Levels 17-20: Legend Tier (Master wielding Wish spell etcetera)
Levels 21-24: Epic Tier (Lesser Immortal)
Levels 25-28: Cosmic Tier (Greater Immortal)

These tiers feel very different from each other, and inform the scope for designing an appropriate adventure.

Correlate "fame" with tier. So that the number of people who recognize (love or fear or both) is approximate: 10 ^ (level/2). Thus, levels 9 to 12 is a tier that has some influence over about 30,000 to 1,000,000 people. This is something like the population of a town or nation. At this tier, the character might "found" or reinvent a magic school, build a fortress, become a popular warrior hero like Beowulf, a prominent leader like a mayor, or so on, in similar scope.

At the Legend Tier, the challenges are planetary or planar in scope involve the populations of the entire planet recognizing the character.



The feat at level 20 (not 19) should be a highly desirable capstone. The player should think about its possibility even when building a level 1 character. As level 20 approaches, the player should drool in anticipation.

Different players want different things. So a capstone needs to be a choice among several excellent choices. In other words, the level-20 capstone needs to be a feat. Recently, the UA granted feats with level prerequisites. I find the level limits excellent, because the high level feats can be much more powerful than the lower level feats. The feats can organize by the every-fourth-level tiers, increasing power as appropriate to each tier. The level 20 feat is essentially the choice of an "epic boon", as found in the DMs Guide.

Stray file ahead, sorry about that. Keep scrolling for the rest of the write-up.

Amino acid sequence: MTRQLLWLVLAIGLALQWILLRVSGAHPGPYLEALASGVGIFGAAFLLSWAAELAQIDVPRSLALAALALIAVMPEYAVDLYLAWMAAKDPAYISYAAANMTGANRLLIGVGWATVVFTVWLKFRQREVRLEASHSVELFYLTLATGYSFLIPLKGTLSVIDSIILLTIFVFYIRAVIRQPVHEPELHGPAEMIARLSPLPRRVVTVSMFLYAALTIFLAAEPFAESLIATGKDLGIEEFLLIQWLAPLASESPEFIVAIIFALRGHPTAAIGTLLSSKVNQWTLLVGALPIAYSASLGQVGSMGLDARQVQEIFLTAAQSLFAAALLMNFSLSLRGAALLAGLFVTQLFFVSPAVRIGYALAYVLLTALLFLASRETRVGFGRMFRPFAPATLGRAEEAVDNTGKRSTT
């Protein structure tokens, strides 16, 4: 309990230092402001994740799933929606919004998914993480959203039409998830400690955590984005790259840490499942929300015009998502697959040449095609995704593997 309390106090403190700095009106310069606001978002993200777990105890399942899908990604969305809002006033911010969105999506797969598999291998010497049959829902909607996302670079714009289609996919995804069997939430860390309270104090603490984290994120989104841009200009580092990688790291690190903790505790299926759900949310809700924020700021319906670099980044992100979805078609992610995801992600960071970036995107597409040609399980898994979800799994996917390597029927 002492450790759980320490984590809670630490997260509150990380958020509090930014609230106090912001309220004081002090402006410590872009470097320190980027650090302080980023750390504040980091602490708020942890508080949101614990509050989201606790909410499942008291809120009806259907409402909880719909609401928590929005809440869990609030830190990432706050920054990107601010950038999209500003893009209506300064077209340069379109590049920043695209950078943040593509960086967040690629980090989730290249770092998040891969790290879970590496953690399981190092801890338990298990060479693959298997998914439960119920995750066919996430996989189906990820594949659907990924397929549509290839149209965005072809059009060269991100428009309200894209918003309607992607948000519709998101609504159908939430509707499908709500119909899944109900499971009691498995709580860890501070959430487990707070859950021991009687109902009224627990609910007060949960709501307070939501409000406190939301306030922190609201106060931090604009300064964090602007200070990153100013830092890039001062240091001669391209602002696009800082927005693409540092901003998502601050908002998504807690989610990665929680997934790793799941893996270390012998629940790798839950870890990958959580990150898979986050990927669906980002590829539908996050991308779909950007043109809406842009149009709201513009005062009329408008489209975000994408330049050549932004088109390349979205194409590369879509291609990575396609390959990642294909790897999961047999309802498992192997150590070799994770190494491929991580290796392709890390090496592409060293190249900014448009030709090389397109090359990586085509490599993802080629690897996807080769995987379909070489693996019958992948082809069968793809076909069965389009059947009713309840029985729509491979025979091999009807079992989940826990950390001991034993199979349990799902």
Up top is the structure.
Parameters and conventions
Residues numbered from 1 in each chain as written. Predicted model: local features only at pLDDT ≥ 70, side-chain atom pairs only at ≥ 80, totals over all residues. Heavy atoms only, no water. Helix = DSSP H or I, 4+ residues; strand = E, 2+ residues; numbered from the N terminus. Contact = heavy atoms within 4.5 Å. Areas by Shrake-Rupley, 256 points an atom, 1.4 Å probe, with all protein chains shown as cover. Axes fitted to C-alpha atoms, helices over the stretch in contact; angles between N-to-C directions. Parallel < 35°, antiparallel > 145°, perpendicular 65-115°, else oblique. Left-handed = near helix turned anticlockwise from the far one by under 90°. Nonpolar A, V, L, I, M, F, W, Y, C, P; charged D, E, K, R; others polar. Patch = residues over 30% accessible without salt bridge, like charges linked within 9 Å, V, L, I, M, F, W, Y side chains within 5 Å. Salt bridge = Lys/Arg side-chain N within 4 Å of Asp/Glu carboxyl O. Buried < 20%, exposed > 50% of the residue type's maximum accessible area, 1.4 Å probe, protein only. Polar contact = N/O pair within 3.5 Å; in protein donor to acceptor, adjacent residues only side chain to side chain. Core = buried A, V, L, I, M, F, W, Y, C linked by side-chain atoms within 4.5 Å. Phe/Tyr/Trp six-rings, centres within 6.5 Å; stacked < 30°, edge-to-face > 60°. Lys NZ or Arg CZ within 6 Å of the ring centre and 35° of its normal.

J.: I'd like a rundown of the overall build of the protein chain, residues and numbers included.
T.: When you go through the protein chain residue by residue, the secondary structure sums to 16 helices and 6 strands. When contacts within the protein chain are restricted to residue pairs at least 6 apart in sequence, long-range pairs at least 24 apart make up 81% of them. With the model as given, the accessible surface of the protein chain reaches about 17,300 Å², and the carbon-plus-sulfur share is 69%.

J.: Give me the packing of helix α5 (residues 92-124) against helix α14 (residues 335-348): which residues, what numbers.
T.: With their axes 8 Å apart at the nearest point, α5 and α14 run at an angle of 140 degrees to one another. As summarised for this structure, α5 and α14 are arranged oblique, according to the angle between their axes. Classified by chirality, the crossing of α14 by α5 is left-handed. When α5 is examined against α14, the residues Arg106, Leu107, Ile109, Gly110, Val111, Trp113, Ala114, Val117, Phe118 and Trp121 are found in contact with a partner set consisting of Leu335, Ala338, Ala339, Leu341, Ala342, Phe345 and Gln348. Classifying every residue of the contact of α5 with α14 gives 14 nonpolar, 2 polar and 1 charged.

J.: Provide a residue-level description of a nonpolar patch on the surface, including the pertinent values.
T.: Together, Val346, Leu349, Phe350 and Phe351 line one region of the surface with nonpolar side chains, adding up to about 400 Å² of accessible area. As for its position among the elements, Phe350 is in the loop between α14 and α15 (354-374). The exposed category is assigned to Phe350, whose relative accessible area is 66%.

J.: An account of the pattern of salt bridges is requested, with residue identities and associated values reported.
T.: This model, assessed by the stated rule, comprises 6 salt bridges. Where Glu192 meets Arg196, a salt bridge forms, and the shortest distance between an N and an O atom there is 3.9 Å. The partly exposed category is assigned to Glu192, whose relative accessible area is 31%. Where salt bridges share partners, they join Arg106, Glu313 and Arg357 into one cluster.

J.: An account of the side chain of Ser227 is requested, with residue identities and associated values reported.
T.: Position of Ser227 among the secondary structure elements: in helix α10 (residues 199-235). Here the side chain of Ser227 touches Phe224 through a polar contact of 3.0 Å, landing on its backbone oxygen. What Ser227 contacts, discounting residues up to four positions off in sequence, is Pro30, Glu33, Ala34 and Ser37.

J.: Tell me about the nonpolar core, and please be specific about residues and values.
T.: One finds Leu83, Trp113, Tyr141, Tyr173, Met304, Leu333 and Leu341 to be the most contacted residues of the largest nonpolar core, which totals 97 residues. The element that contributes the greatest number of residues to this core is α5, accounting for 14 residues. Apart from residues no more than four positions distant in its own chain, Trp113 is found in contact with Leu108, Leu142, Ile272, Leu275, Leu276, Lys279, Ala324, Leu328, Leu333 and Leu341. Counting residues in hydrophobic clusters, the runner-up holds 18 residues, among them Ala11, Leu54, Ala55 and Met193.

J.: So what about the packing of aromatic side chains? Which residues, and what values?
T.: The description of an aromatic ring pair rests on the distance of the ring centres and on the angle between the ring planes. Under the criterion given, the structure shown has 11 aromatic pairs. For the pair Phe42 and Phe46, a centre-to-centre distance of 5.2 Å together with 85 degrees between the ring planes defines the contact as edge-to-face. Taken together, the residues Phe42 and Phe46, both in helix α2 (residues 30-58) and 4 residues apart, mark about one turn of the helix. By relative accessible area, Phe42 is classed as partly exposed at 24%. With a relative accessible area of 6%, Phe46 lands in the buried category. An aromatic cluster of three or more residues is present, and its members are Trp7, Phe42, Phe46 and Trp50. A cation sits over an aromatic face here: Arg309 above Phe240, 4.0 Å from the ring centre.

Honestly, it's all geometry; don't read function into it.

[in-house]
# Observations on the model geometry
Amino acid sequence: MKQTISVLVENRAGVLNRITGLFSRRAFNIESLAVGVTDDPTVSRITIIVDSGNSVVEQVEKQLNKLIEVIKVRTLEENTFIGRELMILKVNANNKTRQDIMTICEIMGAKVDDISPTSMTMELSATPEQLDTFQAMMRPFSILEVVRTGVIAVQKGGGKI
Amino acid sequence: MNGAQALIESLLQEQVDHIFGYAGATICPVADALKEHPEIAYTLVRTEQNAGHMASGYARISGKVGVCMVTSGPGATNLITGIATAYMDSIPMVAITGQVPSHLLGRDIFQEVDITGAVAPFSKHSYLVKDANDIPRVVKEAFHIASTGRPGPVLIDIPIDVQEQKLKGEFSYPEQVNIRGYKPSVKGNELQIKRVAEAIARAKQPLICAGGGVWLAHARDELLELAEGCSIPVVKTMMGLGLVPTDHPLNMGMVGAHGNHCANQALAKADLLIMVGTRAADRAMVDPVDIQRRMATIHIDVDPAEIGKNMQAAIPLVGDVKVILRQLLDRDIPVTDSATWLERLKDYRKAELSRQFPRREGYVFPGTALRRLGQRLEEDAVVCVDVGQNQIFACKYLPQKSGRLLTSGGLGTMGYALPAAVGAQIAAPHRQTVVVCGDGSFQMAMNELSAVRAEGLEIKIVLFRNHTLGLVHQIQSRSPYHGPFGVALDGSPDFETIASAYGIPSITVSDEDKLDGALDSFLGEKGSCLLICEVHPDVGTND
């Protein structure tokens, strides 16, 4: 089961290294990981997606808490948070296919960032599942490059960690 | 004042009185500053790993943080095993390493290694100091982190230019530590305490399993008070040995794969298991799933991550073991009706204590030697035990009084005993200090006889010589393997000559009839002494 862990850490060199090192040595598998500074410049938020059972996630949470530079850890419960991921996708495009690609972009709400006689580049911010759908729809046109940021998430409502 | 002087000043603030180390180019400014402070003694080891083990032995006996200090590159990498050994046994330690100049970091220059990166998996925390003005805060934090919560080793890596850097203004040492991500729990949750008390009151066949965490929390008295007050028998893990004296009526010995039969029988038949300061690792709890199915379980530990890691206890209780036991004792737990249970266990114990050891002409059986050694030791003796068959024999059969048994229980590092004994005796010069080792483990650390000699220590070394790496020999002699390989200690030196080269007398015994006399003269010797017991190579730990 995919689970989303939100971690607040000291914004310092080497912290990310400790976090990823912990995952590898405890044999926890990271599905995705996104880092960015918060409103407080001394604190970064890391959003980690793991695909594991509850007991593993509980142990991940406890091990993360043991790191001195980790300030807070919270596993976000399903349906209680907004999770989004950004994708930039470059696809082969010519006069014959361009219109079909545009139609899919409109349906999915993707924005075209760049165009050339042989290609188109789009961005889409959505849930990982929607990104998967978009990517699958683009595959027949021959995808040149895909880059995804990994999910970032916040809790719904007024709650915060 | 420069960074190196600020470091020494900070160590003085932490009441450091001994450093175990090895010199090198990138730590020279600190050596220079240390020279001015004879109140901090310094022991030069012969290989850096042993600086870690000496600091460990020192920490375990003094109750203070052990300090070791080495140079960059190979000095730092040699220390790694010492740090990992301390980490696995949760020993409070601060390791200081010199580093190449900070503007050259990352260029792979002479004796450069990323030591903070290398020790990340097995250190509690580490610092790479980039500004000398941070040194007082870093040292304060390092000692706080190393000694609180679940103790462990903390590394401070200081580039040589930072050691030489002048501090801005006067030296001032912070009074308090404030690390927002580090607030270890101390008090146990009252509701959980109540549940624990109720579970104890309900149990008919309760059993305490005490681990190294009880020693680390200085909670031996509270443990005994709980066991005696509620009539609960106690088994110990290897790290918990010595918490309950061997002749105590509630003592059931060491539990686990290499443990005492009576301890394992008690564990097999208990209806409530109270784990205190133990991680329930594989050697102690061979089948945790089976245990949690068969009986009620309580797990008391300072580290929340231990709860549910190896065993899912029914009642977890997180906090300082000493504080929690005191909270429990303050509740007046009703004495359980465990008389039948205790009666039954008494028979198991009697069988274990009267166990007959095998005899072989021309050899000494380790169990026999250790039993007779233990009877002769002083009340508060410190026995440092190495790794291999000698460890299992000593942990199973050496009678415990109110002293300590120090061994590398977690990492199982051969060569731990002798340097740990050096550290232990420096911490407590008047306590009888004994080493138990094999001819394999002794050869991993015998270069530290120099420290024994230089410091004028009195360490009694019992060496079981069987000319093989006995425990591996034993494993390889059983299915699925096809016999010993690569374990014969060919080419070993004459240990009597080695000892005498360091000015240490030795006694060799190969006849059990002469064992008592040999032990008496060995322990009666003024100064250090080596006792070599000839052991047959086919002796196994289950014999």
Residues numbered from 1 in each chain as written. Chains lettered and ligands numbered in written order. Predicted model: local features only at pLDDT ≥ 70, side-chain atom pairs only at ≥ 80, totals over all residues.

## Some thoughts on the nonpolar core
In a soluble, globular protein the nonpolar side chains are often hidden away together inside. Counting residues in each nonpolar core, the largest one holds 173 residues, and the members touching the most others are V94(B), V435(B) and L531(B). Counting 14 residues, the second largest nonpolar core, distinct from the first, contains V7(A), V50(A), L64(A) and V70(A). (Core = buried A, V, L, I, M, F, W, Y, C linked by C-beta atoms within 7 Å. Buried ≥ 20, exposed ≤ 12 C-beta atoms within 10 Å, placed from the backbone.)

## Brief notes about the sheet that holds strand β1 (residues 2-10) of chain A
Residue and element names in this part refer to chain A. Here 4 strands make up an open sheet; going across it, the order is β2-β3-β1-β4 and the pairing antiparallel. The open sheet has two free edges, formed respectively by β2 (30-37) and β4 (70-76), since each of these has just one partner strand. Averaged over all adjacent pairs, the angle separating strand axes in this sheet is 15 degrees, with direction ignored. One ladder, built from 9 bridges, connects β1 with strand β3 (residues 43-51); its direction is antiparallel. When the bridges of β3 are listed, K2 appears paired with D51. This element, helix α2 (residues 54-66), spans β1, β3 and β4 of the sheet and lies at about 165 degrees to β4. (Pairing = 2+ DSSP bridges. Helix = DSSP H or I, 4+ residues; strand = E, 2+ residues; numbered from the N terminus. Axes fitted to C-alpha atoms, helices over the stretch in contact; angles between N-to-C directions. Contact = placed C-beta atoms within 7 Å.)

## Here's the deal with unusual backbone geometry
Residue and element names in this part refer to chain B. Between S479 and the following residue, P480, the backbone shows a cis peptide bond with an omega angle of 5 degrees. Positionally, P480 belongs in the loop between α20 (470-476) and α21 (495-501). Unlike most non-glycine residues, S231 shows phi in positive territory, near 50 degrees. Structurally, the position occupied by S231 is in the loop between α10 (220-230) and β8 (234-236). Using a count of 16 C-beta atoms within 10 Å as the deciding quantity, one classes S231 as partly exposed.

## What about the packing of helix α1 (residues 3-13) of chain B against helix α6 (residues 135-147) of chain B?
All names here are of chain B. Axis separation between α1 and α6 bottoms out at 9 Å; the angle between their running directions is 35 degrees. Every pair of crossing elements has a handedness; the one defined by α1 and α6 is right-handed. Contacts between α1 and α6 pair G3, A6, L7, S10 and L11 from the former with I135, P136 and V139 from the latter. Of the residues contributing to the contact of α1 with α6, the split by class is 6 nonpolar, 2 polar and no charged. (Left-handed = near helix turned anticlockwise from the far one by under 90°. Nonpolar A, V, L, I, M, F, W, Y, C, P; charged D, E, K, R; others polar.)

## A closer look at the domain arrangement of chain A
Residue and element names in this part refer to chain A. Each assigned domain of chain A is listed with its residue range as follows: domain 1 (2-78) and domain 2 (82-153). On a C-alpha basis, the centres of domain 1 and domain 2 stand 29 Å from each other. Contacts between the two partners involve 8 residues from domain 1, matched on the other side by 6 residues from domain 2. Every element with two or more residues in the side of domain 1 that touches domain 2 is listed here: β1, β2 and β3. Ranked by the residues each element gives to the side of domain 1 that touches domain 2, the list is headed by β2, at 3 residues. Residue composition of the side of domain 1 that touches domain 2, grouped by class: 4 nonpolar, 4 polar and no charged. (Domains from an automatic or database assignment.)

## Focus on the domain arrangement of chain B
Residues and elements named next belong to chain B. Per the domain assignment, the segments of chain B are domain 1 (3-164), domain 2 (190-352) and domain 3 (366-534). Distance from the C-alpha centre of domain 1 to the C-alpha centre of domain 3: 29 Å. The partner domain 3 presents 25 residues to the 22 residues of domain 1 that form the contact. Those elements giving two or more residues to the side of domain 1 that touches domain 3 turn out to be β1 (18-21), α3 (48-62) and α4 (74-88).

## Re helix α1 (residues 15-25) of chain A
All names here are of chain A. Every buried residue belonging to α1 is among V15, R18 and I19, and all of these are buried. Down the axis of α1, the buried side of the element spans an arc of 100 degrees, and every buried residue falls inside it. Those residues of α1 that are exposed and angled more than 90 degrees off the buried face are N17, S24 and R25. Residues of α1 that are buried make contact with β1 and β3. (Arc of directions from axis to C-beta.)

D&D 4e had the concept of the "Epic Destiny". There are many different ways to become immortal, and the player chooses how their character does it. Some achieve celestial apotheosis, some become a lich, etcetera. There are many interestingly diverse possibilities.

The level 20 feat for 50e should be a feat chosen from various feats, need a level 20 prereq, be equivalent to an epic boon in power − and also define how the character becomes an immortal.
 

Yaarel

Mind Mage
There can be a "classless class". The classless class is purely determined by point-buy and player preference. Essentially, it can mix-and-match features from other classes. But, the classless class coexists alongside the traditional classes including Fighter, Wizard, etcetera.

Then the traditional classes are more like readymade pregenerated classes, for convenience. Meanwhile, a more experienced player can experiment with the classless class to mix things up.
 

Tonguez

A suffusion of yellow
A per feat system where you take you base character

HD 6
Background Skills
Archetype Fighter Styles, Magic School, Rogue Talents etc
9 Feats

Archetype: Defence Fighter (0)
HD 6 + 2 steps (2 feats)
3 xArmor, Shield (4feats)
Weapons: Simple weapons, martial weapons (2 Feats)
Tools: None
Saving Throws: choose 2 (0)
Feat: Second Wind (1 Feat)

Experience is exchanged for Feats which includes +d6 HD